Portland, OR

Monday in Portland: New trial for Tigard doctor's convicted killer begins this week and more

Emily Scarvie

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By Emily Scarvie

(PORTLAND, Ore.) Hello Portlanders! It's Monday, Aug. 22 - Here's your daily round up of all the news happening in the City of Roses.

1. New trial for Tigard doctor's convicted killer begins Tuesday after delays

On March 14, 2010, Dr. David Greenspan, a naturopathic doctor with a practice in Tigard, was found slumped over in the driver’s seat of his car at Methodist Cemetery. Greenspan, 46, had been shot twice in the head and once in the neck. Brian Bement was later arrested for the crime.

An investigation revealed that Bement and Greenspan were business partners, in dealing drugs. Greenspan became part of Bement’s drug-dealing operation, financing purchases of heroin, which Bement would then sell on the street.

In 2012, Bement was found guilty of aggravated murder, murder, first-degree robbery and being a felon in possession of a firearm. He was sentenced to life in prison. However, in 2017, the Oregon Court of Appeals ruled that Bement should receive a new trial after it was revealed that Washington County Circuit Court Judge Rick Knapp barred a series of emails sent by Greenspan from being entered as evidence.

On Tuesday, after several motions and pandemic-related delays, the new trial will begin in Washington County.

2. 'Prolific tagger' turns himself in after causing 'tens of thousands of dollars in damage'

The Portland Police Bureau said Monday that a 22-year-old man wanted on a felony warrant for vandalism has turned himself in. Emile Anthony Laurent, who was wanted for allegedly causing “tens of thousands of dollars in damage,” was booked into the Multnomah County Detention Center.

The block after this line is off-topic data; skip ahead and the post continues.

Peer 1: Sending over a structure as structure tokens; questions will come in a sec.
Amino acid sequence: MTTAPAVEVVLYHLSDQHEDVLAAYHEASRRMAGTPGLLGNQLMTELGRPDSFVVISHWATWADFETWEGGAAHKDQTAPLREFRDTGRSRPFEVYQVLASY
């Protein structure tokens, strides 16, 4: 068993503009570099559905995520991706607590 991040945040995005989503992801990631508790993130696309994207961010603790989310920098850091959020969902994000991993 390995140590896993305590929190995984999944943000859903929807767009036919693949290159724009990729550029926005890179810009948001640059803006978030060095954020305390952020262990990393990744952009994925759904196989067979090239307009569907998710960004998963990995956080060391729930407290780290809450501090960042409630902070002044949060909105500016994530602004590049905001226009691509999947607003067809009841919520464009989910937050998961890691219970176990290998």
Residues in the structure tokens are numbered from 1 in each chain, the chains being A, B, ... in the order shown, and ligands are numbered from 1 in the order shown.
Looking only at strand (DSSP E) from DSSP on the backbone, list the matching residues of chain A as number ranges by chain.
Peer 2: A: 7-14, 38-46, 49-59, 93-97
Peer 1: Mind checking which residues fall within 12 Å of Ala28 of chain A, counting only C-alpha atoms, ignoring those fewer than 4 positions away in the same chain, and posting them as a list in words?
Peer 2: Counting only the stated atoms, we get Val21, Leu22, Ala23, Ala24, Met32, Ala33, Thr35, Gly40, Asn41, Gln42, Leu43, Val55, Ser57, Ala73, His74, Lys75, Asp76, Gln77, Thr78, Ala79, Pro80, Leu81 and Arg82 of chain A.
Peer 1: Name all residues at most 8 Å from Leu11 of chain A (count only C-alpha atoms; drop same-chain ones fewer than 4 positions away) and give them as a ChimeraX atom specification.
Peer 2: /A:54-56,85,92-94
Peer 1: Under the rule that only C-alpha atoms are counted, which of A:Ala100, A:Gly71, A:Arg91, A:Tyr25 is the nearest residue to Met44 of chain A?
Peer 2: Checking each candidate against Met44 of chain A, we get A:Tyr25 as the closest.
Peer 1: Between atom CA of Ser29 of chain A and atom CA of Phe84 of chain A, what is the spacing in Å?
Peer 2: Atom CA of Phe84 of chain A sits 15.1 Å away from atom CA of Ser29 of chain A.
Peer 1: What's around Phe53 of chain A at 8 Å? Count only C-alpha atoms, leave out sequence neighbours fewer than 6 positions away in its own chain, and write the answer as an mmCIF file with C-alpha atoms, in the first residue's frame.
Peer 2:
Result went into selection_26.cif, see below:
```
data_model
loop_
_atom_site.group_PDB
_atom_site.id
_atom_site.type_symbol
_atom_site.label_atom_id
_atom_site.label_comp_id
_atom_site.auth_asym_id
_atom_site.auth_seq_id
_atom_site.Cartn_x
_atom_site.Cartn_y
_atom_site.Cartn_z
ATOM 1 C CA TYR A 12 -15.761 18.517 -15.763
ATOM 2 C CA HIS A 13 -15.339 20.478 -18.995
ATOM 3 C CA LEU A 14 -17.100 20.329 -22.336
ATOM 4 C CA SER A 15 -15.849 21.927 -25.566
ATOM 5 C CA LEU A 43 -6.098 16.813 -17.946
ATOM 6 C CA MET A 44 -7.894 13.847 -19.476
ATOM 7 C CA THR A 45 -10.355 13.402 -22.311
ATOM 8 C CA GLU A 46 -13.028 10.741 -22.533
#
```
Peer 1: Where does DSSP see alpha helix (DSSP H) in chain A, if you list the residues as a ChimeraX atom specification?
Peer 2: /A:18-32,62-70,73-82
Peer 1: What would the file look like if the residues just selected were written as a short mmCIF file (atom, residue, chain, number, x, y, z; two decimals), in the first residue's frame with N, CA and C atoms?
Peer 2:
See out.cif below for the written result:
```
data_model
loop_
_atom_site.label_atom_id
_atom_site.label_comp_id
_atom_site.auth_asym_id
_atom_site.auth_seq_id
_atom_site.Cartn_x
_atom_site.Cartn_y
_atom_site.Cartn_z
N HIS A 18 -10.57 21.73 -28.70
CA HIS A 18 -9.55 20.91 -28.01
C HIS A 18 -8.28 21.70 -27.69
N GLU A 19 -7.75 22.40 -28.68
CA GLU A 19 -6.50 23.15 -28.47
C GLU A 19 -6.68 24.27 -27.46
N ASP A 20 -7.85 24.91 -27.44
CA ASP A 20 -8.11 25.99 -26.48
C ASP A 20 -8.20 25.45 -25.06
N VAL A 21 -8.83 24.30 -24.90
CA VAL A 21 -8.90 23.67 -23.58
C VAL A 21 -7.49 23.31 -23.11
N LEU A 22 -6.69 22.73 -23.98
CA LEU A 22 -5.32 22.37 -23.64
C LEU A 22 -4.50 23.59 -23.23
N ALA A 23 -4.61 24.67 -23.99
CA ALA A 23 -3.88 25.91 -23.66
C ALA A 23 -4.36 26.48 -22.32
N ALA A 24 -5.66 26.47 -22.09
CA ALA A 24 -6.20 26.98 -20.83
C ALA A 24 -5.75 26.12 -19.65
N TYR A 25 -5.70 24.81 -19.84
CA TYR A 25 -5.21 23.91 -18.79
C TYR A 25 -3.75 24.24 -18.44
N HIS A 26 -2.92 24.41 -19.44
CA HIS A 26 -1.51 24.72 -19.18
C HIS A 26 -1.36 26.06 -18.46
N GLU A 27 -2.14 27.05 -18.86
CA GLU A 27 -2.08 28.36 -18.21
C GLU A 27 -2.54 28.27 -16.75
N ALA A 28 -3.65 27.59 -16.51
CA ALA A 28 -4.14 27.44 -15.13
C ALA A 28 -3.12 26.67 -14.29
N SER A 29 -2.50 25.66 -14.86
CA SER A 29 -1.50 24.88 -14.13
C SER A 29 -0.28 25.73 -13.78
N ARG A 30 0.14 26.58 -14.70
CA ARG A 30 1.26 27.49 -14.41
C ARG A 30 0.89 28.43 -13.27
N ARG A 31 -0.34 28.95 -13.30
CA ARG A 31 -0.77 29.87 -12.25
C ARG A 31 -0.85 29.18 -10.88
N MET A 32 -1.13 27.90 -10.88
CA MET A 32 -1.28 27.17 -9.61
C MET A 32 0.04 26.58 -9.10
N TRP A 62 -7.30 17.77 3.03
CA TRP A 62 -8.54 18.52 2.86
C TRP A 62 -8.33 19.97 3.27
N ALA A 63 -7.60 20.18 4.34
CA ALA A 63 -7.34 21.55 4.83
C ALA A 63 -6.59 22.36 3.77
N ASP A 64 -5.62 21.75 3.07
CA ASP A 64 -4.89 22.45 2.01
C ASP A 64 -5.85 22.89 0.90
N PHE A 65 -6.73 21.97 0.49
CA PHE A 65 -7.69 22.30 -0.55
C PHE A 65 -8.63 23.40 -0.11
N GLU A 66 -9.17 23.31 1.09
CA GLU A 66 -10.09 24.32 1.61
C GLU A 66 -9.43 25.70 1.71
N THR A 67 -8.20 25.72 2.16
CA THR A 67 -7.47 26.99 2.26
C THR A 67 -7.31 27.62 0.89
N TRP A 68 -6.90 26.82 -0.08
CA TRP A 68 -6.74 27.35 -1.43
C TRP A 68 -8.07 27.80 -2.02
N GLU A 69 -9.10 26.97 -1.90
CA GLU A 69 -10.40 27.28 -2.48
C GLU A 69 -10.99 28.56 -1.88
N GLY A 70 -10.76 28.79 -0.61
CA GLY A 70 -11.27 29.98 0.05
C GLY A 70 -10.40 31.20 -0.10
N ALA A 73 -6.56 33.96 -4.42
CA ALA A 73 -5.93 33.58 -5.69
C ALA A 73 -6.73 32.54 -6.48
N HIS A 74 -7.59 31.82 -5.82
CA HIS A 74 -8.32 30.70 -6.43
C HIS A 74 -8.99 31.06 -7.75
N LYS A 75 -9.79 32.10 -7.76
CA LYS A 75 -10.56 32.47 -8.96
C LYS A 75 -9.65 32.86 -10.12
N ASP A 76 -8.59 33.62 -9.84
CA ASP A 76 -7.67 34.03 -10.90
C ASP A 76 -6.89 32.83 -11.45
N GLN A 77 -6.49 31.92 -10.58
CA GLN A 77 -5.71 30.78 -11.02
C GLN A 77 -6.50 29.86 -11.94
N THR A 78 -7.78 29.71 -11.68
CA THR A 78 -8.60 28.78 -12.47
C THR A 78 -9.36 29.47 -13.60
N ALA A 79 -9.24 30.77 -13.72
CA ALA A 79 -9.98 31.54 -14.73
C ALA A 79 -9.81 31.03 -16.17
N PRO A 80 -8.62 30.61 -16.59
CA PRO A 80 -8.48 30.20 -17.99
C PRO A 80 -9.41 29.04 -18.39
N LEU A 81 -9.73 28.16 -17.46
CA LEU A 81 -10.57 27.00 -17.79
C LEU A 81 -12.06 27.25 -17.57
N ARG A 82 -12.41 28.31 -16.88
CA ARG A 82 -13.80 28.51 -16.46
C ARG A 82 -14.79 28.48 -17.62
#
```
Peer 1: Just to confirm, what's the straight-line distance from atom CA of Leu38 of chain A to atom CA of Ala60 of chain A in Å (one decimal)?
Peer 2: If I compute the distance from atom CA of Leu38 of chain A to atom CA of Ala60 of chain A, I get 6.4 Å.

Authorities began investigating Laurent in February 2022 and executed a search warrant of his residence in the spring. The investigation was focused on “prolific and impactful taggers” in Portland.

3. OHSU research using monkeys to examine how diabetes develops in some COVID patients

Oregon Health & Science University’s research monkeys are being used to help understand why some people who have COVID-19 develop type one diabetes after their symptoms go away. Previous studies have shown that people who have had the virus are at increased risk for developing both obesity and diabetes.

Charles Roberts, Ph.D., a professor and associate director for research at OHSU’s Oregon National Primate Research Center, said they will study 20 rhesus macaques split into two groups, one group obese and the other not. All will be infected with COVID-19.

If diabetes develops in the monkeys, researchers will investigate why this happens, so they can hopefully prevent the condition in humans. The study is set to take two years, but Roberts said they may start seeing results within six months.

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